You Are Here, a comprehensive survey of recent work by well over 45 Detroit artists on display throughout the Carr Center in Detroit through December 17, aims to take a snapshot of where the city stands at this inflexion point of both local and national change.
Curator Anna Schaap says, “Work in this show will explore location, time/place, Detroit’s future, urban development, ideas of identity, … gentrification, creative and empathetic ingenuity, and whole-brain thinking/making.” In media ranging from painting to photography to printmaking and especially to installation, artists provide a guided tour of the changing psychic and physical contours of Detroit.
Progress in Paradise, a small installation by Julianne Lindsey and Elton Monroy Duran is one of the most pointed–and poignant –illustrations of the fugitive nature of Detroit’s built environment in You Are Here. On a simple desk furnished with pens and paper (and with a toy wrecking ball on the side) visitors are invited to describe a place in Detroit that exists now only in memory. There are, needless to say, plenty of examples, the Carr Center soon to be among them.
The modestly funded non-profit cultural organization now located in the historic Harmonie Building can no longer afford its increasingly attractive commercial location. They will vacate the premises in April of 2017, possibly moving to a city-owned property in another part of Detroit. The building and the area surrounding it will be redeveloped into the Paradise Valley Cultural and Entertainment District, “a commercially driven entertainment district of retail, restaurants and nightlife reflecting the spirit of Detroit’s once thriving center of African-American economic and cultural life.”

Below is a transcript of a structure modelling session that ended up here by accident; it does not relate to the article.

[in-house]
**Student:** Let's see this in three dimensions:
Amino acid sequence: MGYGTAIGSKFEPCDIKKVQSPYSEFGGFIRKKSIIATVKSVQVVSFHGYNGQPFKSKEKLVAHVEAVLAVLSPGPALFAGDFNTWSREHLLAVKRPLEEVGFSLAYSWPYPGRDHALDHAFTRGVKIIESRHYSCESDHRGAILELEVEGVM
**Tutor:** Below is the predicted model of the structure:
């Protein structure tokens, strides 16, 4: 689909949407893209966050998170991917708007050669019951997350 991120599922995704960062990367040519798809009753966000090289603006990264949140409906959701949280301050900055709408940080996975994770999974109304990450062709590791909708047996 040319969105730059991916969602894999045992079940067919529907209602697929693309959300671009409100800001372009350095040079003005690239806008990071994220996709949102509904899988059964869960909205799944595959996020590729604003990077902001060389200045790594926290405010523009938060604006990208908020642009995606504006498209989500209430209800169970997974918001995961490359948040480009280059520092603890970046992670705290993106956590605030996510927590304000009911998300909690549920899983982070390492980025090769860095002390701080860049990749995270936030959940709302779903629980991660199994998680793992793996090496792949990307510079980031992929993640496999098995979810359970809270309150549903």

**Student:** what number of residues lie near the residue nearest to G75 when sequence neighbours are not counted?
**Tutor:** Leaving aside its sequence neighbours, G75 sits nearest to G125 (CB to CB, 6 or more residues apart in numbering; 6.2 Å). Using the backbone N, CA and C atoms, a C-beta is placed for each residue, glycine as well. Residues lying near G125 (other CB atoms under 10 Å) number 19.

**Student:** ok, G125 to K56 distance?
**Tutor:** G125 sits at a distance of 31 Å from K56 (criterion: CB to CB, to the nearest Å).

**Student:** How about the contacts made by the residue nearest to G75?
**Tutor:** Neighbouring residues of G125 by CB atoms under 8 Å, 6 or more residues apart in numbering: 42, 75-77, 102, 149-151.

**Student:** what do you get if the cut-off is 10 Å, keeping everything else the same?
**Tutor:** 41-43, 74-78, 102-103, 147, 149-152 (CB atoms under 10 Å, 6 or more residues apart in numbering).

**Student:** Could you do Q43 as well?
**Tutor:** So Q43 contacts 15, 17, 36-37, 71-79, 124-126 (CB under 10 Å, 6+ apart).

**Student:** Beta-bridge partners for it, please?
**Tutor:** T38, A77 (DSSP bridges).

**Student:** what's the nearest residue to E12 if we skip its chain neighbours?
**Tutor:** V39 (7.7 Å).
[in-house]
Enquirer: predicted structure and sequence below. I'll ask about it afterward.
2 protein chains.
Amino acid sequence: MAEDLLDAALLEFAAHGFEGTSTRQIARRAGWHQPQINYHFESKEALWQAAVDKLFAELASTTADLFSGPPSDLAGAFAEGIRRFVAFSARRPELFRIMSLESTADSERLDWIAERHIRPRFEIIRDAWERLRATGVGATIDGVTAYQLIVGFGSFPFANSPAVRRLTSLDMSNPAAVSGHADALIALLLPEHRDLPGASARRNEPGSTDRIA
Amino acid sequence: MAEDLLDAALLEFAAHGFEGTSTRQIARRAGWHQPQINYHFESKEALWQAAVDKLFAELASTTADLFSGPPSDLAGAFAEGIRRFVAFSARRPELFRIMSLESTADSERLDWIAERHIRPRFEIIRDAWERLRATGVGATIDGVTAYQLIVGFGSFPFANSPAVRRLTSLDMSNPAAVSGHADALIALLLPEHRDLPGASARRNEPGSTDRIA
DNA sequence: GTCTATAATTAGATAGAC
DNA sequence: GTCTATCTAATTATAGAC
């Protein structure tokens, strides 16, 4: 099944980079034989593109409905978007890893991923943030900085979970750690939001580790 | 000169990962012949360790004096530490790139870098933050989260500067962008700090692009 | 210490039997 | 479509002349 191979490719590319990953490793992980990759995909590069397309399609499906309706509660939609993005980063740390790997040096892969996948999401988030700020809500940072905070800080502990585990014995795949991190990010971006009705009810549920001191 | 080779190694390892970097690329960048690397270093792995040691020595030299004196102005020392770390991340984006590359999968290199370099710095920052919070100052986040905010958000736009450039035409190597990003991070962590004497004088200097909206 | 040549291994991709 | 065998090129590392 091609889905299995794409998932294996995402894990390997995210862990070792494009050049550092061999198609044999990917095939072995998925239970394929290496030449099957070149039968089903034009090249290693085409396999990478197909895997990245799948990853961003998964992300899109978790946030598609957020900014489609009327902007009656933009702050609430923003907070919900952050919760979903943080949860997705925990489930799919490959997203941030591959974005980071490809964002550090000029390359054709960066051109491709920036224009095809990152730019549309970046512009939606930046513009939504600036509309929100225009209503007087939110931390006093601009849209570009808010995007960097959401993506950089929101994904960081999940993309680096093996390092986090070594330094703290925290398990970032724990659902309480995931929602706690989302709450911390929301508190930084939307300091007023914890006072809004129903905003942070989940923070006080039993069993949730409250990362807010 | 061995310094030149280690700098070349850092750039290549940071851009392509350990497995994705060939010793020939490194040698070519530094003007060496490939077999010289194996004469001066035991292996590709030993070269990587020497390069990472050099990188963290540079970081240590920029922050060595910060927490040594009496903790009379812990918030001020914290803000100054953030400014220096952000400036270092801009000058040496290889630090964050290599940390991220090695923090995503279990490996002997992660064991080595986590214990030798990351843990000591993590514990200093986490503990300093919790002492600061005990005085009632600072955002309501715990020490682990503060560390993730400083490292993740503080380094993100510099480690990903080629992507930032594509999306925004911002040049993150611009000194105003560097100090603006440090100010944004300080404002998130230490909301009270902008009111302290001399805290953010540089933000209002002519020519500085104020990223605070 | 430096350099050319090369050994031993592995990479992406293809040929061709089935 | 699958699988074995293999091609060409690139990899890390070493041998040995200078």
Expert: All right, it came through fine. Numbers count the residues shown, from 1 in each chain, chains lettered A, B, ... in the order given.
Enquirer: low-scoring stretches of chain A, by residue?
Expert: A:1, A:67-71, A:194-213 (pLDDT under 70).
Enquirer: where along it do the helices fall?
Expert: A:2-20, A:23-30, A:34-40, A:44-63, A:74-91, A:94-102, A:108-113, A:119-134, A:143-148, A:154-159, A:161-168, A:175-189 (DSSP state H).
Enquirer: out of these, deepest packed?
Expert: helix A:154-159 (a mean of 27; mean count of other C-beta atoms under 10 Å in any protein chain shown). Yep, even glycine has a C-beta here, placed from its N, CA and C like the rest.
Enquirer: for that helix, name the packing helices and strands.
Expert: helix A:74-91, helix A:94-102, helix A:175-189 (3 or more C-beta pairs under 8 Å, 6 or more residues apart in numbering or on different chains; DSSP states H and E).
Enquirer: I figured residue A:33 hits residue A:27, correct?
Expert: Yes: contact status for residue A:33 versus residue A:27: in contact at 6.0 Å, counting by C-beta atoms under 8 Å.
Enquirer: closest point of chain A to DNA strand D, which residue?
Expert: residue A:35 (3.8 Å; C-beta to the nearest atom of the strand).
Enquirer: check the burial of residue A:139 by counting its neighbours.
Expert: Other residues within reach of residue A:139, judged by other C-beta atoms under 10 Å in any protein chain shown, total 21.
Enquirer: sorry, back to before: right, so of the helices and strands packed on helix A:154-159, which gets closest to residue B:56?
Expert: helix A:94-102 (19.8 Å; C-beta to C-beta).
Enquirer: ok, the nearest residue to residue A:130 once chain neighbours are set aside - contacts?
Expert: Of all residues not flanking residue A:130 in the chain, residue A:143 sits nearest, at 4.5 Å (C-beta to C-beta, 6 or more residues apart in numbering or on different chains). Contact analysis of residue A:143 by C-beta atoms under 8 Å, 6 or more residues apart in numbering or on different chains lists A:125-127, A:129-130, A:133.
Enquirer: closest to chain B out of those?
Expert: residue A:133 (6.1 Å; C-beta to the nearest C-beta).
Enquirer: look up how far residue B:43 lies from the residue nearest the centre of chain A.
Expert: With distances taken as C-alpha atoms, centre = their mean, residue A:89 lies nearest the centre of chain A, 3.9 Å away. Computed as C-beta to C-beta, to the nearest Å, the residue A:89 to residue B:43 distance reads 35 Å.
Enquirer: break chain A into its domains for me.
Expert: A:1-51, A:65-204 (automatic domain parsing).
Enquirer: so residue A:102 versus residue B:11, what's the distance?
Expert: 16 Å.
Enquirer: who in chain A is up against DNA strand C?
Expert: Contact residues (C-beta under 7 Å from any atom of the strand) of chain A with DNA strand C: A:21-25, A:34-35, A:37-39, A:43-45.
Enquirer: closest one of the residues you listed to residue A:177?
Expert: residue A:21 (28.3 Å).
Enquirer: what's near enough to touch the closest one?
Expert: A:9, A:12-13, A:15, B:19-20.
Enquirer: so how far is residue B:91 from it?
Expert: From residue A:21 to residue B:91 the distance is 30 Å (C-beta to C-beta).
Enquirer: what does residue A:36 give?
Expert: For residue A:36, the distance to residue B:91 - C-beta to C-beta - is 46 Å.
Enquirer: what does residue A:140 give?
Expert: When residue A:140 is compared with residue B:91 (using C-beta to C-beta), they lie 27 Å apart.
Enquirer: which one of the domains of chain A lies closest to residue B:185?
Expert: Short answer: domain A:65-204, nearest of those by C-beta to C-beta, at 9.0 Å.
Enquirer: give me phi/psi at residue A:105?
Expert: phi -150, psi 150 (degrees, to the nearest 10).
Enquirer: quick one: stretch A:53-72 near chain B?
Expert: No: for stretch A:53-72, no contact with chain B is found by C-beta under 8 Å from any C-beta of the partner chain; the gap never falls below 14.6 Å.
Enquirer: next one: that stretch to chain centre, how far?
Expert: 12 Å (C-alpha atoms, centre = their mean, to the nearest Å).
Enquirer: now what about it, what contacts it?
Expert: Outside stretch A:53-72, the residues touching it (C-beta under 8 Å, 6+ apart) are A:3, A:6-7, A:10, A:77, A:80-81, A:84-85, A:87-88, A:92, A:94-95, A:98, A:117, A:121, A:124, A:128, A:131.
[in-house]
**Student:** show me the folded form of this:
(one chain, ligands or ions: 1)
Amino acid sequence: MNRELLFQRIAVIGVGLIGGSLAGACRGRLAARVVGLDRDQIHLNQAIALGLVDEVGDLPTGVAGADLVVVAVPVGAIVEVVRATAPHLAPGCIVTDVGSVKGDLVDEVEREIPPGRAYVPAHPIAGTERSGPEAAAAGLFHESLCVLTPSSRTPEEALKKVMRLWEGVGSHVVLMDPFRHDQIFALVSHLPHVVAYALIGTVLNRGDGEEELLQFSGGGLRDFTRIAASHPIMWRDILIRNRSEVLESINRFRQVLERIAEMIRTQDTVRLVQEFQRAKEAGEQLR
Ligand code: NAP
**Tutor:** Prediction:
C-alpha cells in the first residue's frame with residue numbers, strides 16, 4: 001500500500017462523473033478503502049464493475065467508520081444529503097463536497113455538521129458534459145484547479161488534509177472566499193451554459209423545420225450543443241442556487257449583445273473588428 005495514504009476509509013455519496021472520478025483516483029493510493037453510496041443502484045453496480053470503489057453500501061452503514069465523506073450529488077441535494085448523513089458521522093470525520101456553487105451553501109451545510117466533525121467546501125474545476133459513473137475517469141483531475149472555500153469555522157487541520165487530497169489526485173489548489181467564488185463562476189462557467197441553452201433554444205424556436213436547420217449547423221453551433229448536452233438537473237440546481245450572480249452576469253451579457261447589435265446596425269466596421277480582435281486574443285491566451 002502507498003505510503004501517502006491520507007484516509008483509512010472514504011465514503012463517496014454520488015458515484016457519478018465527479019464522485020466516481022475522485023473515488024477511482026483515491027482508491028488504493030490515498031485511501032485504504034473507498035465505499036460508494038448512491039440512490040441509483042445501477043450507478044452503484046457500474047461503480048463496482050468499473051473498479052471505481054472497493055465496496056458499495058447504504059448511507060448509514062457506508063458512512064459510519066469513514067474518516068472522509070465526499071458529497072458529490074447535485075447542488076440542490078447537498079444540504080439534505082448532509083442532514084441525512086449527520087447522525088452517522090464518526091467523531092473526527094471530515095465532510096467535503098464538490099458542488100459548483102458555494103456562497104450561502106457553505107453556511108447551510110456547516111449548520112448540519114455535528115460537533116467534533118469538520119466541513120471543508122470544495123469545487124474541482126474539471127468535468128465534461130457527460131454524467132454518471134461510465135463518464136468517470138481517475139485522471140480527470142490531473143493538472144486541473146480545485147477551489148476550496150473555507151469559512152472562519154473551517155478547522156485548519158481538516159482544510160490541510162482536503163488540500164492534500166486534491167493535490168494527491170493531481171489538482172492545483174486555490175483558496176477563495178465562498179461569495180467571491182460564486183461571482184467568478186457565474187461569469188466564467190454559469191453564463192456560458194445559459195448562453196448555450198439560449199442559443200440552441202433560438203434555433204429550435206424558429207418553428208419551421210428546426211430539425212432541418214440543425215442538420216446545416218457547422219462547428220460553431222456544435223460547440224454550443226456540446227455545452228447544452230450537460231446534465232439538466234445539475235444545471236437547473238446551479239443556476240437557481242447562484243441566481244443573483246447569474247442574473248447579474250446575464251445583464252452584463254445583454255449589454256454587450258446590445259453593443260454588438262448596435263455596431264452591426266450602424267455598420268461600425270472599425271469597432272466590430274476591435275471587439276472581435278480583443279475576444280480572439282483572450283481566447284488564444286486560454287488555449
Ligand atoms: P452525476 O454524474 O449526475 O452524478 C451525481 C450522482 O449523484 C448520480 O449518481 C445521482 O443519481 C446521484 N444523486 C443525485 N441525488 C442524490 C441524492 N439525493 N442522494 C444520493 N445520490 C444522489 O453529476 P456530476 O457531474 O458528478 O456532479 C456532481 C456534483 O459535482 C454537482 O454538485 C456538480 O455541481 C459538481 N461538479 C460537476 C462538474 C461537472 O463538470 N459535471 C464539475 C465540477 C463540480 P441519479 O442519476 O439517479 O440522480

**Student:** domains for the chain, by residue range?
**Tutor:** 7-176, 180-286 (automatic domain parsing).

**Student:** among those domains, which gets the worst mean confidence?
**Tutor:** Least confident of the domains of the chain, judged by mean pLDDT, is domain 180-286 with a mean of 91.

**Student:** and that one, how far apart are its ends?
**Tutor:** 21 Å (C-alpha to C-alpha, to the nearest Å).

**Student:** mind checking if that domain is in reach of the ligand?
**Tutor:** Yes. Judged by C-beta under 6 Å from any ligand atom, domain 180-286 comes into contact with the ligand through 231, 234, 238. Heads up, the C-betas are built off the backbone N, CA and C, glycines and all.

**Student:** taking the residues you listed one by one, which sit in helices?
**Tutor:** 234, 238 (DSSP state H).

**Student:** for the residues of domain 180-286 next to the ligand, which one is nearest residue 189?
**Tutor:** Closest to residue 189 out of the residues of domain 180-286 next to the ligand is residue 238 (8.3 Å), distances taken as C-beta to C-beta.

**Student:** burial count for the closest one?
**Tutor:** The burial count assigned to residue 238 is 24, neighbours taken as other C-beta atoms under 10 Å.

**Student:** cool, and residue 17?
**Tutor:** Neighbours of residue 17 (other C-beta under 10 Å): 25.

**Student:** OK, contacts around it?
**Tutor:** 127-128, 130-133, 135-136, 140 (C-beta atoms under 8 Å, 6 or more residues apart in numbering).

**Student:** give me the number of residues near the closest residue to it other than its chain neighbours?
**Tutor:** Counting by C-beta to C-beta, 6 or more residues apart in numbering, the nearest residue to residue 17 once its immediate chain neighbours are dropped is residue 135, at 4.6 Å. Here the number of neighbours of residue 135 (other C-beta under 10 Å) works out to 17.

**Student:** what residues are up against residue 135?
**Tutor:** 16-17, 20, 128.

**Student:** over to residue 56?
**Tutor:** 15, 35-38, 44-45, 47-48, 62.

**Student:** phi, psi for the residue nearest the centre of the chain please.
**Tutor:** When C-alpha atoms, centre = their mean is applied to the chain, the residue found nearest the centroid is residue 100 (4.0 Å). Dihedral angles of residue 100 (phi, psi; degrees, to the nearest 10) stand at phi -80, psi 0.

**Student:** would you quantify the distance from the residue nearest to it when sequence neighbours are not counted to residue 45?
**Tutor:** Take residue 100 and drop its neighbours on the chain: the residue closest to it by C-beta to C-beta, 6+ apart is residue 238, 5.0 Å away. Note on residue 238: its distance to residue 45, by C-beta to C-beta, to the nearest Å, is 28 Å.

Sophie Eisner’s installation, in a notably beautiful but decrepit staircase, enlists the Harmonie building itself as a component in her meditation on the city’s substance. Idiosyncratic art objects of unknown provenance are thoughtfully placed, and visually incorporate architectural elements of the stair and landing, creating complex cross-currents of past elegance and present squalor.
The city’s architecture isn’t the only element in flux and on view. People too, make up the city, and there are numerous references to the diversity that characterizes Detroit. The African-American population, with its triumphs and discontents, gets its due in works like Prism Works’ YDNA and Fuck the Police by Monique Gamble. Brian Day’s Boys on Mother’s Day strikes a more cheerful and hopeful note.
Parisa Ghaderi ‘s installation The Sheer Presence, with its photographs on voile, creates a ghostly family portrait, at once monumental and intimate. Sunita Gupta, a highly accomplished painter of the domestic environment, employs meticulous pattern painting and well drawn but hazy female figures in a meditative exploration of culture and ethnic identity.
Bits and pieces of the city find their way into artworks and installations describing Detroit as it is now. Anna Kell has carefully painted tromp l’oeil lace patterns onto found mattresses. Fishing For Small Gods, by Jak Vista and Bill Bedell, an installation that takes up much of the third floor of the building, features tree branches, stumps and the occasional cross stuck in dirt, conjuring up a desolate forest floor.
At the Carr Center, we see Detroit right now, a city that will necessarily be different tomorrow and the day after that. Technology, politics, demography and economics will all have their say in ways that can’t yet be quantified. The artworks in You Are Here are a glimpse of this singular moment in the life of Detroit.
Artists in You Are Here: Celeste Roe, Eric Zurawski, Archana Aneja, Brian Spolans, Geno Harris, Dominique Chastenetnde Gery, Parisa Ghaderi, Sophie Eisner, John Neely, Anna Kell, Katina Bitsicas, Morgan Barrie, Jenna Kempinski, K.A. Letts, Donn Perez, Jennifer Glance, Tamar Boyadjian, Molly Diana, The Sien Collective, Donna Shipman, Dawud Shabazz, E. Ingrid Tietz, Darren Pollard, Renee Rials, Neil Allen Flowers, Michael Ross, Kristin Adamczyk, Monique Gamble, Patrick Ethen, Doug Cannell, Jennifer Brown, Seder Burns, Desiree Duell, Jack Vista, Bill Bedell, Sunita Gupta, Jon DeBoer, Benjamin Forrest, Julianne Lindsey, Elton Monroy Duran, Brian Day, Fatima Sow, Prism Views, Kelsey Shultis, Wall of 100 Makers, Mint Artist Guild
For more information on the Carr Center go here.